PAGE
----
Since December I’ve presided over the gradual decay of my body with mindful indifference. My slide actually began last July, when I tweaked my achilles tendon while running. After trying (unsuccessfully) to “push through the pain,” I ended up shelving running altogether, becoming a slave to the semi-circular, gerbil-on-a-treadmill monotony of the elliptical machine.
I diligently stuck with this for far longer than I humanly though possible. I plumbed depths of boredom I didn’t know existed. I listened to and then abandoned music. I listened to and then abandoned podcasts. I watched and then abandoned SportsCenter. Nothing – absolutely nothing – made or can make ellipticaling remotely interesting.
As 2013 wound down, my tangles with the elliptical machine became less frequent. I’m pretty sure by the end I viewed this piece of machinery with about as much enthusiasm as it viewed me. I started justifying my lack of activity by arguing to myself that my professional workload had escalated exponentially. December bled into January. January into February. My pants (and socket) got progressively tighter. Food that dropped off the end of my fork no longer made it to the napkin on my lap, but instead got swallowed up by the mound that passes for my midsection.
I hit the breaking point just over two weeks go when I saw myself in the mirror. The person staring back at me looked like an older, fatter, and more slovenly version of me. (When you’re starting from a best-case scenario as a short, bald, one-legged, pasty-white middle-aged male, seeing something that looks markedly worse than that qualifies as nothing less than an outright horror show.)
I promptly did the one thing I never thought I’d do. I signed up for a gym.
* * *
I have always seen myself as fundamentally different from people who have gym memberships. Gym people willingly insert their bodies into contraptions that look like small prototypes for Pacific Rim. Gym people believe spandex makes them look good. Gym people stare at their reflections in mirrors as if the secrets to the universe lie within. I am not a gym person.
Except today I am.
It started when my wife, Cara, followed a dance instructor there. She came back with amazing stories of acres of high-quality equipment, friendly staff, and a location less than 15 minutes from our house. I weighed my “I am not a gym person” persona against the fat man looking back at me from the mirror. The fat man lost.
I now have a gym membership. I have an ID number. I have a webcam picture of myself that I’ve never seen but that impossibly young, beautiful people behind the counter view without visibly cringing whenever I come in. I pull small forests of hand wipes out of canisters 3 feet high and wipe down the equipment I sweat on. I lift medicine balls and throw them into a container while doing sit ups. And for the first time since last summer, I now run.
* * *
As I have chronicled many times in the past, I don’t like running. But not liking running isn’t the same as not wanting to run. Running was the first real “sport” I relearned after losing my leg. It made me feel like the athlete I always thought I was (but probably wasn’t) – a hugely important psychological step in my rehabilitation. So my post-accident life has been defined by the following dissonance: I need to do something I actively dislike in order to feel whole.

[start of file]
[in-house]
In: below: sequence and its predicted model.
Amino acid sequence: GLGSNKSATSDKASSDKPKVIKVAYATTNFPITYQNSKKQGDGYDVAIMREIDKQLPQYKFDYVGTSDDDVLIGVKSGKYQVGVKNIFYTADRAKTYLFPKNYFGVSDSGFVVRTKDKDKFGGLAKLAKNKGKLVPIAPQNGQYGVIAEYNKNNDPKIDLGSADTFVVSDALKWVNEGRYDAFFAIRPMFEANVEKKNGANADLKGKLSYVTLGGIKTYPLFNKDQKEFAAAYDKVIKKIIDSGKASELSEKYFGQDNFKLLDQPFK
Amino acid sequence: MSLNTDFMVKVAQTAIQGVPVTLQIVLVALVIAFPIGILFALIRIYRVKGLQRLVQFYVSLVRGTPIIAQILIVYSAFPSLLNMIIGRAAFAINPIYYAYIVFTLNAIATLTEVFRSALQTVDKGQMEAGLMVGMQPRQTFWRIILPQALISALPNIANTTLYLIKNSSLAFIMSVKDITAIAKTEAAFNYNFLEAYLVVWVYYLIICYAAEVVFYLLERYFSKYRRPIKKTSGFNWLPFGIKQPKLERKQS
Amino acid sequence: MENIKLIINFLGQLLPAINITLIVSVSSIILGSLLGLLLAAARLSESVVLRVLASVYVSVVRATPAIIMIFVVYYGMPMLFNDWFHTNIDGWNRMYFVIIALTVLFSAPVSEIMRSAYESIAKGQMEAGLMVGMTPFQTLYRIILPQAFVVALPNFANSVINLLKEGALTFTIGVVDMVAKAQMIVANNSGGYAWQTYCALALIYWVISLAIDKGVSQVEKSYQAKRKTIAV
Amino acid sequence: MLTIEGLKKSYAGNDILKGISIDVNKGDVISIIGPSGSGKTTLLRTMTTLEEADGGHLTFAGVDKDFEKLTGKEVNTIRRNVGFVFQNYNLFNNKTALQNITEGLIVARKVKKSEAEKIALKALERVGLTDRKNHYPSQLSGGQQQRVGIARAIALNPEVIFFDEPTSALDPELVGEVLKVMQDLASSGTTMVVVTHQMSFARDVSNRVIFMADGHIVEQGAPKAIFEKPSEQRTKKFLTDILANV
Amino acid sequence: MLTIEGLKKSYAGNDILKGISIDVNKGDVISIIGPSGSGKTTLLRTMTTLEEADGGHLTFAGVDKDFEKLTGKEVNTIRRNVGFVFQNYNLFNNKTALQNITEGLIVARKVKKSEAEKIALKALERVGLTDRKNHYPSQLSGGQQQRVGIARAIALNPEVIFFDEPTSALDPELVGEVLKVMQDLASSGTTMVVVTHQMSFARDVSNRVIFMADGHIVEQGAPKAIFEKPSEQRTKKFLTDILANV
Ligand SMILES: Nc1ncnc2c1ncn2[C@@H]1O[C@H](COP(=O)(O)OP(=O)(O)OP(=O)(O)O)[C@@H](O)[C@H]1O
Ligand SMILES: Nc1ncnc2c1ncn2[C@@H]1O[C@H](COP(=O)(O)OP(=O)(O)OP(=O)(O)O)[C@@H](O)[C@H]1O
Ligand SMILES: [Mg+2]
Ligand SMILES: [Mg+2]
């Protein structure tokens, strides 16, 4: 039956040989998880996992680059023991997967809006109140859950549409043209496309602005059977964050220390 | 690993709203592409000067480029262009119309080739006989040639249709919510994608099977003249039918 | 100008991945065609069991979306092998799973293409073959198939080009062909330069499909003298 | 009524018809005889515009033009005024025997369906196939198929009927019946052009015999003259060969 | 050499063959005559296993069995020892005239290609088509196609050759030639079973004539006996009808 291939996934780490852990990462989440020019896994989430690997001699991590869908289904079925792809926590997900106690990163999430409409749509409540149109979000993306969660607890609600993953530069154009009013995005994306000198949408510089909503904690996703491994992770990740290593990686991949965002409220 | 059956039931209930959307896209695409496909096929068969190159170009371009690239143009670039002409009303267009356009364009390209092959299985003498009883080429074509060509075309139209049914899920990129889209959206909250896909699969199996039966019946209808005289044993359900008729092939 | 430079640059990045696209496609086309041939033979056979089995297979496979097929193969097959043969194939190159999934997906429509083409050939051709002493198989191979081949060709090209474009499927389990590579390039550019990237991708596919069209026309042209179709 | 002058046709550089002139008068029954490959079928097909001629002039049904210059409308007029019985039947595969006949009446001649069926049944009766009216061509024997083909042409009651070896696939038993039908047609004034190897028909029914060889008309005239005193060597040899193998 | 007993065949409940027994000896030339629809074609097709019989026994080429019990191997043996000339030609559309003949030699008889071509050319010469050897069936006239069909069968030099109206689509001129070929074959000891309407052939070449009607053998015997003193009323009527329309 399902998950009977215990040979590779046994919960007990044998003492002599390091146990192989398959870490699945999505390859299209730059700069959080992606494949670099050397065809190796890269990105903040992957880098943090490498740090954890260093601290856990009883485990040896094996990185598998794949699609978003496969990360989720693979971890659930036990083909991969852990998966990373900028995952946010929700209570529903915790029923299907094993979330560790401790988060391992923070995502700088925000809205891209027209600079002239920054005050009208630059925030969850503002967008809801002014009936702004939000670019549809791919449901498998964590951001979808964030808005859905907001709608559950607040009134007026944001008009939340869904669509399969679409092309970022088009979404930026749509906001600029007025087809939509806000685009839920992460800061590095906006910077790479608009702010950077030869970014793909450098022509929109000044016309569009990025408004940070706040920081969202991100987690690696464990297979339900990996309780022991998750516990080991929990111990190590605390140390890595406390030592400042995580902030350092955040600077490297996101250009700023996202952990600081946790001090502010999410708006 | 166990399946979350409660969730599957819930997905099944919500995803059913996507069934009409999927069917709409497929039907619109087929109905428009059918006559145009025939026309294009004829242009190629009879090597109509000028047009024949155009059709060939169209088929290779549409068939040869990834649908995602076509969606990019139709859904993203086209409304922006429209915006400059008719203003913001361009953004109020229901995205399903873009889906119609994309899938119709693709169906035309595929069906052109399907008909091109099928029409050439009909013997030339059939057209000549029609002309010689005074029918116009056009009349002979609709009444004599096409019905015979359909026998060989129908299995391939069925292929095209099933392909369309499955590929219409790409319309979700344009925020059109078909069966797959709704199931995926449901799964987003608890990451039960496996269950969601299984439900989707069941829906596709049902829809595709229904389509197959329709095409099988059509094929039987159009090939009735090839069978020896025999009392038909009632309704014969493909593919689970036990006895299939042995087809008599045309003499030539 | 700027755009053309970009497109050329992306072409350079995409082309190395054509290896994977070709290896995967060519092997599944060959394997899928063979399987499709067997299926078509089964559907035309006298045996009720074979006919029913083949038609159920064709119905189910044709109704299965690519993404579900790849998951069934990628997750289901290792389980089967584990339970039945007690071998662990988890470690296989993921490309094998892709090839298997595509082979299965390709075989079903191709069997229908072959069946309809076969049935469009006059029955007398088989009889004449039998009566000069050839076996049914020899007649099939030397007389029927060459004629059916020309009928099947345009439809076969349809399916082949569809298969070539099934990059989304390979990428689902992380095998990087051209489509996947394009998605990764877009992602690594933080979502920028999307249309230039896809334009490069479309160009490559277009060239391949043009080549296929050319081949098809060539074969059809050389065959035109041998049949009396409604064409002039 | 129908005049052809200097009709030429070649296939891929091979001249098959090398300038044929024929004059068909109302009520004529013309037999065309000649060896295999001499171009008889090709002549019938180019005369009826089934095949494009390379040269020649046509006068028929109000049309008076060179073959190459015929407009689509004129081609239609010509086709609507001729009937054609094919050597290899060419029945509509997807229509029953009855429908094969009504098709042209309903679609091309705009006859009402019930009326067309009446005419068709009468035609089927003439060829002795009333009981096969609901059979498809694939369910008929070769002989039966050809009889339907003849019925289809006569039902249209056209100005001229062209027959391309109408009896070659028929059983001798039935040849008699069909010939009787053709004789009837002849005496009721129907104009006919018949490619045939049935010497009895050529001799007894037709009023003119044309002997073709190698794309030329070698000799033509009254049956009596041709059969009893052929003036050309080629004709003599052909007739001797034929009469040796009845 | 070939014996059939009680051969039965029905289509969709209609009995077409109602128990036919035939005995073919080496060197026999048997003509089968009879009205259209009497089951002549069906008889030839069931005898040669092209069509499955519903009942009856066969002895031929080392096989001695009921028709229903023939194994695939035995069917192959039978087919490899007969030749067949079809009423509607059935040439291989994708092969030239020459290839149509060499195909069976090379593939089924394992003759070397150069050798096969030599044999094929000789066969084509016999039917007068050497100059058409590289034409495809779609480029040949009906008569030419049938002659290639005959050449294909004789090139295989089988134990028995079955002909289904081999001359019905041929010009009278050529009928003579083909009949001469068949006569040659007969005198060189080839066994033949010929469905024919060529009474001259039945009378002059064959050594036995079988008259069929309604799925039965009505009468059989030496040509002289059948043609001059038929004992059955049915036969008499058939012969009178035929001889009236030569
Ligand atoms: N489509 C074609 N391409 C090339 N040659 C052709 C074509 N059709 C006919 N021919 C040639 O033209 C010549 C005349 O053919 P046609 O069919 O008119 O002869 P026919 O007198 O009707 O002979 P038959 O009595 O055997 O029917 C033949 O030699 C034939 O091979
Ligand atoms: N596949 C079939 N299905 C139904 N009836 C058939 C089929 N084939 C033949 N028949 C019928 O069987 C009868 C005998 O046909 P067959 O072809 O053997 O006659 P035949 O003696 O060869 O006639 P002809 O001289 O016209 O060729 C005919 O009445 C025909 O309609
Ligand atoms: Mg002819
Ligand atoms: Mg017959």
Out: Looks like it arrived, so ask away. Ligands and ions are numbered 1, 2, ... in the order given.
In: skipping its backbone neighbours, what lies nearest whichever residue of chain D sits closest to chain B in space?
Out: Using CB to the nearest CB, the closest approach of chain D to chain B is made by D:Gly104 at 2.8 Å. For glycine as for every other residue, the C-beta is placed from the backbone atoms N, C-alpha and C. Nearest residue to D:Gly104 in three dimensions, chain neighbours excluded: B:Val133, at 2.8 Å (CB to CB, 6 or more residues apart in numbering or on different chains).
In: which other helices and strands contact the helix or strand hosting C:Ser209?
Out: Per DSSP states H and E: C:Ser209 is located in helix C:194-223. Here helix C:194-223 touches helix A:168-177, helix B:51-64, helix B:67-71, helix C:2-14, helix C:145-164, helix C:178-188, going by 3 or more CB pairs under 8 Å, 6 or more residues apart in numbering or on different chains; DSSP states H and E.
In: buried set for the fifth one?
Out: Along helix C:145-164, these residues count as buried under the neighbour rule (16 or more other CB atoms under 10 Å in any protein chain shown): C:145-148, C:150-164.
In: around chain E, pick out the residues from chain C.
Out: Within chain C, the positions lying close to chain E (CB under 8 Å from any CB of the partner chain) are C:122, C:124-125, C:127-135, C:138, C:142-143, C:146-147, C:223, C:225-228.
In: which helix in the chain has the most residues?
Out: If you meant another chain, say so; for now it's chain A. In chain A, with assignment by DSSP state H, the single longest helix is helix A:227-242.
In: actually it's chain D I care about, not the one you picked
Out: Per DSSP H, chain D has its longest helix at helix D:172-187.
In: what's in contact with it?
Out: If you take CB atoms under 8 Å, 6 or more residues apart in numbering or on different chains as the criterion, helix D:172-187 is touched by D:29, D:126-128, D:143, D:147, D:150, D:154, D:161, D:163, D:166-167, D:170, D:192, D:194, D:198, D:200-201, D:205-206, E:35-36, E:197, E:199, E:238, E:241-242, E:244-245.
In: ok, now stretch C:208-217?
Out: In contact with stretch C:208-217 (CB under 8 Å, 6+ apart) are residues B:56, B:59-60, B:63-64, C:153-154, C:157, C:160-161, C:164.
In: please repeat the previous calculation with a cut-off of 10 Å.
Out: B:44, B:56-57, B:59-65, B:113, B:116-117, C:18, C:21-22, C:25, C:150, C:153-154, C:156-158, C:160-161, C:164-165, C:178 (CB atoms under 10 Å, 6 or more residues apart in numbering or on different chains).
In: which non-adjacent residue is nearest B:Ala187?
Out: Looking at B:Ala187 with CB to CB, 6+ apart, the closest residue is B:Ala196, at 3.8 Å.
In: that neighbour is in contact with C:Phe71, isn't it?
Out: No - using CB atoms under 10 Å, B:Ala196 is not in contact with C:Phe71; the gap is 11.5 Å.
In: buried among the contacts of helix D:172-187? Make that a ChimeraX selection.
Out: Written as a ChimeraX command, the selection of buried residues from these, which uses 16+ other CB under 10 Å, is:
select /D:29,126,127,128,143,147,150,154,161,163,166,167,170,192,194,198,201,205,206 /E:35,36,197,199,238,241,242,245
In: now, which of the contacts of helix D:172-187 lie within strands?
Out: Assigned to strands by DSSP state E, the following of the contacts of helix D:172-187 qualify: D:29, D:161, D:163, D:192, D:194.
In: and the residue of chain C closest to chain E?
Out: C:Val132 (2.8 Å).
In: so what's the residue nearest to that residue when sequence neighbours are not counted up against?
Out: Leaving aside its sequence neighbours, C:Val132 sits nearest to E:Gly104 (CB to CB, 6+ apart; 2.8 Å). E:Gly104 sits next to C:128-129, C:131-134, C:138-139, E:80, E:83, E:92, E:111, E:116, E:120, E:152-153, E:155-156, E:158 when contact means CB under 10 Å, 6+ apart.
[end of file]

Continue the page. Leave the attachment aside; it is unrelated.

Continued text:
As I put on my running leg for the first time in nearly 8 months it was like stepping back into a better version of myself. There’s nothing that makes me feel stronger than stepping into that socket with that foot. When I wear it, I’m 10 pounds lighter and 2 inches taller. I can get away with wearing neon green shorts. I’m Tony Stark without the girls, the brains or the money (which actually makes me the Tony Stark fanboy working the TV van in Ironman 3).
So I walked into the gym yesterday for the first time in the two weeks that I’ve been a member there wearing my running prosthesis. I stretched out my achilles tendon hoping not to have a repeat performance of the last time I ran – less than 25 minutes and lots of pain – and then climbed onto the treadmill. I set the speed at a languid 3.5 MPH and began jogging slowly.
Running with an artificial limb is like riding a bike. You don’t ever forget how to do it, but if you try it after a long layoff, everything’s a bit wobbly. After 5 minutes of getting reacquainted with this activity, I took it up to 4 MPH, a still-not-very-fast-but-not-completely-embarassing 15-minute mile pace. At 10 minutes I raised the speed to 4.5 MPH, monitoring how everything felt with every step. Around minute 12 I felt some discomfort in the back of my leg and adjusted my stride length. By 15 minutes I was pain-free and settling into a comfortable groove.
At 20 minutes a woman who understood a little about prosthetics (her mother is an above-knee amputee) and less about gym etiquette while someone’s working out came over and, after telling me that she didn’t want to disturb me, proceeded to disturb me until minute 25, peppering me with questions about my running prosthesis. I would’ve been angry, but she also complimented me about how good I looked running. Even though I’m pretty sure she’s totally unqualified to render judgment on such things, this statement immediately made her the smartest woman in the gym.
At 27 minutes I cranked it up to 5 MPH – 12-minute mile pace – and held it there for the final 5 minutes. I finished with more than 2.25 miles behind (under?) me, sweating heavily, and out of breath enough to remind me I’d had a real workout but not so much that I would classify myself as desperately out of shape.
It has been a long time since I felt that good. I hate running. And I can’t wait to do it again later this week.